The Monster Department
Corrections to become monster department
The Corrections Department is set to become the largest government department in a few years in terms of staff, Finance Minister Bill English says. Mr English told the Herald's Mood of the Boardroom conference that the number of directly employed Corrections staff would outstrip other government departments in the coming years. "If you're wondering why the Government is spending a lot of money, that's one reason. That's our fastest growing portfolio - Corrections will be in two or three years the largest government department, bigger than the Ministry of Social Development or the Inland Revenue Department." A spokesman for the Corrections Department said it employed 7184 full-time equivalent staff, but he did not have projections for future staff numbers. However, he said with an expected increase in the prison muster, more staff would be needed to manage prisoners. There are currently 9131 beds catering a muster of about 8400 prisoners, which is forecast to rise to 12,500 by 2018.
It's the Monster Department because it creates monsters. We have a media who leads if it bleeds (in March 2006, crime was 22% of the monthly One Network News and was in the headlines 29%, but by March 2010, crime was only 14% of the monthly One Network News yet was in the headlines 35% of the time) so the viewer is bombarded with news designed to push their buttons for ratings gain, but the knock on impact is that residual hatred that is created by the media's myopic focus on ratings driven crime leaks into the political sphere where it gets twisted to promote kneejerk 'get tough on crime' crap which push for punitive policy which only produces counter productive outcomes.
This fear of crime that is over promoted by the ratings hungry media will of course benefit the new Police Political Party running in Council elections THIS YEAR that National rammed through under urgency last month.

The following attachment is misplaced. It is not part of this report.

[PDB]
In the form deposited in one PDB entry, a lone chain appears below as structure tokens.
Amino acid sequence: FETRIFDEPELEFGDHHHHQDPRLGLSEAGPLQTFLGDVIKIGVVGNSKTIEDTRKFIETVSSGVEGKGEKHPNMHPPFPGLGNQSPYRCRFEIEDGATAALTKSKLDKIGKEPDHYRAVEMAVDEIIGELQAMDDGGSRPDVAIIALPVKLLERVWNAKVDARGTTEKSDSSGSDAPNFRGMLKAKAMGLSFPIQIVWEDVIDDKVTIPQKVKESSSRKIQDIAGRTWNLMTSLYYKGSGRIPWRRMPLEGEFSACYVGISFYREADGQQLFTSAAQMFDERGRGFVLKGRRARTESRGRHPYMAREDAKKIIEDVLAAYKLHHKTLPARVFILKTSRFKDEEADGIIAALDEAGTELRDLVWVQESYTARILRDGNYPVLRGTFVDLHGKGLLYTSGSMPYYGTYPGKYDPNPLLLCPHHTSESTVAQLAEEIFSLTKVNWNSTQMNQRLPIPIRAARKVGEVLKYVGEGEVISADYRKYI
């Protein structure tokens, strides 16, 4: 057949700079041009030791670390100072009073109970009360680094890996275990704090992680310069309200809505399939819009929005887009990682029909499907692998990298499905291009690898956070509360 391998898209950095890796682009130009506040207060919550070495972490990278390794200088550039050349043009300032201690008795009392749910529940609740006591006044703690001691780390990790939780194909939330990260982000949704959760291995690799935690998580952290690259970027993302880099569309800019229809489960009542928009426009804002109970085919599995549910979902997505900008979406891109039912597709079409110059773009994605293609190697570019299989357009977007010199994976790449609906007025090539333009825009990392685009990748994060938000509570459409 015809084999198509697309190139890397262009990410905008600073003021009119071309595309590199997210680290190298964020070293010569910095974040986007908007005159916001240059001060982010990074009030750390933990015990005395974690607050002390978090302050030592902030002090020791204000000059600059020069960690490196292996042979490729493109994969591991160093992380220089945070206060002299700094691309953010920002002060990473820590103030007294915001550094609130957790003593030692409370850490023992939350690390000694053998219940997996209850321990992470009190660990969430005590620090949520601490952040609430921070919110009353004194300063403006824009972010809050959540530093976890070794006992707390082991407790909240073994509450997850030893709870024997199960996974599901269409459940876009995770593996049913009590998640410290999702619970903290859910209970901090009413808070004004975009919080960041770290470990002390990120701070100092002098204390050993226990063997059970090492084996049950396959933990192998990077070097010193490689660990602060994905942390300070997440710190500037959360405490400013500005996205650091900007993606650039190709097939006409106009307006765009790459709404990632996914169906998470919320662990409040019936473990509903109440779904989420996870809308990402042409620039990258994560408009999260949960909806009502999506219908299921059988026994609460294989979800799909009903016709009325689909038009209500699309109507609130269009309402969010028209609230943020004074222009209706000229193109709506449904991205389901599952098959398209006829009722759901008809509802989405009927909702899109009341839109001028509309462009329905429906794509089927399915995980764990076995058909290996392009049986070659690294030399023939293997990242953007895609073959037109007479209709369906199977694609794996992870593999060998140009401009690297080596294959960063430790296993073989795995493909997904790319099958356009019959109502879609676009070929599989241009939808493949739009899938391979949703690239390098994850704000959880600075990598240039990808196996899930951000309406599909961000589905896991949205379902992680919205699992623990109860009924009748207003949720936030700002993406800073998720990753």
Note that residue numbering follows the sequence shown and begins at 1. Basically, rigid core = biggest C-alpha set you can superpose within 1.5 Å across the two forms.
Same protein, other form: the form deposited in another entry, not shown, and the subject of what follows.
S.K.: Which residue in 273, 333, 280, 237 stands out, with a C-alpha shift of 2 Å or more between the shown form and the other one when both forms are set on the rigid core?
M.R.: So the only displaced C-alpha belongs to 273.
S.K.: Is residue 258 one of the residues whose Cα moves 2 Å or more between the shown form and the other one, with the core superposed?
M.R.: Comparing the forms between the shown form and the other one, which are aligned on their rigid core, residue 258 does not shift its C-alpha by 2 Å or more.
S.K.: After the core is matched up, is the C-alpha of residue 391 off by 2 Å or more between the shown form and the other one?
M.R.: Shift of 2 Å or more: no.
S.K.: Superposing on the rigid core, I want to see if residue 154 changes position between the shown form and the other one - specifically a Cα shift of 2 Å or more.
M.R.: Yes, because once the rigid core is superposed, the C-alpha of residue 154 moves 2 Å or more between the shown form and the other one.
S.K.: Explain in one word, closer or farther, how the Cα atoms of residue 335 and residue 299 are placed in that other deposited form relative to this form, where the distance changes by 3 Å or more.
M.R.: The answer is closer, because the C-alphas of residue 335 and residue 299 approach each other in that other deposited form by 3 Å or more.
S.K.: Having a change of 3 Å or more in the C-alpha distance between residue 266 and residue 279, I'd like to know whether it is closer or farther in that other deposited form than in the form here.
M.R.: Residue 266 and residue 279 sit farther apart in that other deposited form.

The only people who will benefit from our punitive culture are the private prison industry whom National are lining up to help cheapen their law and order rhetoric now that it has become reality via the Sensible Sentencing Trust within ACT. The joke in that of course is that at the Select Committee Meeting on private prisons last year, the head of GEO told the country that private prisons would not be cheaper at all.
American company Wackenhut (whose subsidiary ran the Auckland Central Remand prison until 2000) was stripped of contracts to run prisons in Texas and Louisiana in 1999, after accusations it had mistreated prisoners and tried to maximise profits at the expense of drug rehabilitation, counselling and literacy programmes.
In Australia, where about 17 per cent of the prison population is held in private facilities, the Victorian Government took back public control of the Metro Women's Correctional Centre in 2000 after an inquiry found widespread drug use, deaths in custody, poor training and cover-ups. But most studies paint a more mixed picture of private prisons.
A 2001 report by the Bureau of Justice Assistance of the US National Council of Crime and Delinquency found that "there are no data to support the contention that privately operated facilities offer cost savings over publicly managed facilities". There was no evidence, it said, that services to prisons and conditions of imprisonment were "significantly improved in privately operated facilities".
Staffing in private prisons was 15 per cent lower than in public prisons, management information systems were less well organised and the number of major incidents higher. Private prisons also had a higher rate of assaults both on prisoners by other prisoners and prisoners against prison staff.
Is privatising jails really worth the risk?